____________________________________________________ Video and Radio Frequency Amplifiers
6-19. The actual circuit components are C1, C2, C3, R1, R2, R3, and Q1. C1 is used to
couple the input signal. R1 develops the input signal. R2, the emitter resistor, is used for
proper biasing and temperature stability. C2 is a decoupling capacitor for R2. R3 develops
the output signal. C3 couples the output signal to the next stage. Q1 is the amplifying
6-20. The phantom circuit elements representing the capacitance and inductance of the
wiring are L1, L2, C4, and C5. L1 represents the inductance of the input wiring. L2
represents the inductance of the output wiring. C4 represents the capacitance of the input
wiring. C5 represents the capacitance of the output wiring.
6-21. Figure 6-3, view (A) shows the circuit with a low-frequency input signal.
Remember that if frequency is low, capacitive reactance will be high and inductive
reactance will be low. This is shown by the position of the variable resistors that represent
the reactances. Notice that XL1 and XL2 are low. Therefore, they do not "drop" very much
of the input and output signals. However, XC4 and XC5 are high. Therefore these reactances
tend to "block" the input and output signals and keep them from going to the power
supplies (VBB and VCC). Notice that the output signal is larger in amplitude than the input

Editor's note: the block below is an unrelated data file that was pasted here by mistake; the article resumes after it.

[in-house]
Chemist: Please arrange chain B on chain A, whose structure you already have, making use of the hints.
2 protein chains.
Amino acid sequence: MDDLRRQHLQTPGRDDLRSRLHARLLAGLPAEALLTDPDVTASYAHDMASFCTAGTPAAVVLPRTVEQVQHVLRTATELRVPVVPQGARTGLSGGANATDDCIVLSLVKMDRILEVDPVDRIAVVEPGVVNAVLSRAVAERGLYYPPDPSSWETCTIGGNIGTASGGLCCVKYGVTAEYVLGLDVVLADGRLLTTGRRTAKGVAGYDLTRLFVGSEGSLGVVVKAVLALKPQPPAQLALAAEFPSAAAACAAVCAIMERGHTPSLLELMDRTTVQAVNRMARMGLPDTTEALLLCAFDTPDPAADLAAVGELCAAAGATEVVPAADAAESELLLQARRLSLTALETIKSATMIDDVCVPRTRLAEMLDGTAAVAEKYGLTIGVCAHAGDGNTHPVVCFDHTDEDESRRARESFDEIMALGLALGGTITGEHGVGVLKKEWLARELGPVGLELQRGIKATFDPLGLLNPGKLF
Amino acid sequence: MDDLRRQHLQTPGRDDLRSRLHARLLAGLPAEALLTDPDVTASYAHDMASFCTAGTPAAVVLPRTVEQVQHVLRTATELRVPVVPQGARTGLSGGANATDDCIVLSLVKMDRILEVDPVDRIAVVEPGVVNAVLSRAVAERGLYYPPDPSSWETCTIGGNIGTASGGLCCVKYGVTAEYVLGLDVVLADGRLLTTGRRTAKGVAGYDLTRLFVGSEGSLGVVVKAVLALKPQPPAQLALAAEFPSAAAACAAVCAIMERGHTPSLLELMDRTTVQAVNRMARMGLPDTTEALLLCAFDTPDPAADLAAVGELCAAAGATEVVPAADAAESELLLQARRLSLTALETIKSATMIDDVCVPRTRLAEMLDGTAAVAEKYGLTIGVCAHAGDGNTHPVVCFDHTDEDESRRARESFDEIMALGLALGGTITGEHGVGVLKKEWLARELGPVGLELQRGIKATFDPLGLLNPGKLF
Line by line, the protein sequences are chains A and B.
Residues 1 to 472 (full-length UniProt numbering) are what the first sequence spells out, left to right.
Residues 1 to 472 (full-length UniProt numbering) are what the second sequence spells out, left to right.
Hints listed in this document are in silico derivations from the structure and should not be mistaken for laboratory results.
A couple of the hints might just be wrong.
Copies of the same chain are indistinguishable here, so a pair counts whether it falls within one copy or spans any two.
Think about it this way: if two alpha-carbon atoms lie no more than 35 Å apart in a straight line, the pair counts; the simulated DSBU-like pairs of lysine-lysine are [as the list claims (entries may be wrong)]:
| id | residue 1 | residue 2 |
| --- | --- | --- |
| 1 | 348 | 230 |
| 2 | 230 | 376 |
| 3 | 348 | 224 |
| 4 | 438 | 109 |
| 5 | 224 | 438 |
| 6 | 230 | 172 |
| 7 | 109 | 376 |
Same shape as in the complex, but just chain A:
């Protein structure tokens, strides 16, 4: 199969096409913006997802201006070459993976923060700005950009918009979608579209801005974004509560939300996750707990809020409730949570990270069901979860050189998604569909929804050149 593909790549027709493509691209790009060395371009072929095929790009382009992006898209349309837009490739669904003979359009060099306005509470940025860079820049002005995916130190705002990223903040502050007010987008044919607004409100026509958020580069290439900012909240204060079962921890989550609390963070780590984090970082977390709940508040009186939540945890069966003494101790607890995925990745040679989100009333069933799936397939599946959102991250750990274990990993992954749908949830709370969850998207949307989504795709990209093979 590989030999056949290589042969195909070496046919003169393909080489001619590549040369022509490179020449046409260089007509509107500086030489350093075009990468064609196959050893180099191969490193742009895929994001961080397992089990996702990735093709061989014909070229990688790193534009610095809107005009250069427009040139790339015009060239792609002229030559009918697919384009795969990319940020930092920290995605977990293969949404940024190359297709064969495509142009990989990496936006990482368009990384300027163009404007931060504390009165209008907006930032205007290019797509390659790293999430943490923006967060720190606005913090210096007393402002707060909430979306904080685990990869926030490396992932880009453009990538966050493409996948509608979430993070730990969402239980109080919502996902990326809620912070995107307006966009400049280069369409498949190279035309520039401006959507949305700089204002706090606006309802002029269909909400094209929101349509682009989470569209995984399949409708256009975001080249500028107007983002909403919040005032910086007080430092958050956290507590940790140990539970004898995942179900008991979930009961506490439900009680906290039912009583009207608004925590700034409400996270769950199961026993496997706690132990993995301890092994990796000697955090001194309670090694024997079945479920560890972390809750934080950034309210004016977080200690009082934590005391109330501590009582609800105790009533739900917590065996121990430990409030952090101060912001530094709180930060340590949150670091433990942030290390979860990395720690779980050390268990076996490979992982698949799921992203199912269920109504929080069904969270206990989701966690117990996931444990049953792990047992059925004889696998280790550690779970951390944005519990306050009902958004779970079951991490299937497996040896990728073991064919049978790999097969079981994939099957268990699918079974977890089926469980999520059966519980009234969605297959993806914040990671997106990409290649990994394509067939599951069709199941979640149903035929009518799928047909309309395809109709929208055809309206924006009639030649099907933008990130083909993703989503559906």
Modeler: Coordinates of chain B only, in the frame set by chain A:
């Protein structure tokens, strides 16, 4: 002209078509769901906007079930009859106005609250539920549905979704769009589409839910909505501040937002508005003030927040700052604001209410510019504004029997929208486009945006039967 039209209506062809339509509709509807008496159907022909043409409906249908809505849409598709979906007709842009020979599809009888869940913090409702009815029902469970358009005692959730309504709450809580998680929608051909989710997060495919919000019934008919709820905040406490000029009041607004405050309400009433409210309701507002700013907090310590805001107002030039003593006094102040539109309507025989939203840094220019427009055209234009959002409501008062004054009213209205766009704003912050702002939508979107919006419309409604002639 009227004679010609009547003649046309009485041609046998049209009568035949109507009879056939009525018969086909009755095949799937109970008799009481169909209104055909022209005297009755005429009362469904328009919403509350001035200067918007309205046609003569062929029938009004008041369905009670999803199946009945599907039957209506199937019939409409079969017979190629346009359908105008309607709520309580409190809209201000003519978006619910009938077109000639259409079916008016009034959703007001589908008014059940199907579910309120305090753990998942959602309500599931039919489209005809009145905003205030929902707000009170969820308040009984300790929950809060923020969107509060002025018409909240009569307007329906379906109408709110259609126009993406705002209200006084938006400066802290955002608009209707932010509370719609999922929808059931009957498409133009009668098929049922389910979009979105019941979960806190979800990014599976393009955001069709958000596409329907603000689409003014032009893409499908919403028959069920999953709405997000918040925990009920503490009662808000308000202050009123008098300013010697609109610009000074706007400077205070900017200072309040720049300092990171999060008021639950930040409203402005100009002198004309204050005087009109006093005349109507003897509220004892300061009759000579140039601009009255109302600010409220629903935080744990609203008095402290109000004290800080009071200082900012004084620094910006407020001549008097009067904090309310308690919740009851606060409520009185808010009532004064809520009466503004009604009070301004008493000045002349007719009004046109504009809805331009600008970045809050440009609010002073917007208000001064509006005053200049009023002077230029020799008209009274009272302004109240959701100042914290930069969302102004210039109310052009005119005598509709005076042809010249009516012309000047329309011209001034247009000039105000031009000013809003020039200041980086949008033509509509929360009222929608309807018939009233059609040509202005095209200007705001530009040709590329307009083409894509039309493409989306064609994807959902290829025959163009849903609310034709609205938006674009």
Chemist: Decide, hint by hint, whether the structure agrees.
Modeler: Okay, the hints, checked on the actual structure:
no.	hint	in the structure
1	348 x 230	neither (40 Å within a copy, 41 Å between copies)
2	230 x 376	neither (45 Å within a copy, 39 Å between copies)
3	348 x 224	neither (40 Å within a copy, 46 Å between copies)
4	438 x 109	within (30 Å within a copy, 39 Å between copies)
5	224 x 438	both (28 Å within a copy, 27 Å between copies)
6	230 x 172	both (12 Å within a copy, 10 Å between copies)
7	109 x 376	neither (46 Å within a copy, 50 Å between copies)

6-22. Figure 6-3, view (B) shows that the input signal is a high-frequency signal. Now
XC is low and XL is high. XL1 and XL2 now drop part of the input and output signals. At
the same time XC4 and XC5 tend to "short" or "pass" the input and output signals to signal
ground. The net effect is that both the input and output signals are reduced. Notice that the
output signal is smaller in amplitude than the input signal. Now you can see how the
capacitance and inductance of the wiring affects an amplifier causing the output of an
amplifier to be less for high-frequency signals than for low-frequency signals.
6-23. In addition to the other circuit components, an amplifying device (transistor or
electronic tube) reacts differently to high frequencies than it does to low frequencies.
Transistors and electronic tubes have interelectrode capacitance. Figure 6-4 shows a
portion of the interelectrode capacitance of a transistor and the way in which this affects
high- and low-frequency signals.
Figure 6-4. Interelectrode Capacitance of a Transistor
6-24. Figure 6-4, view (A) shows a transistor with phantom capacitors connected to
23 June 2005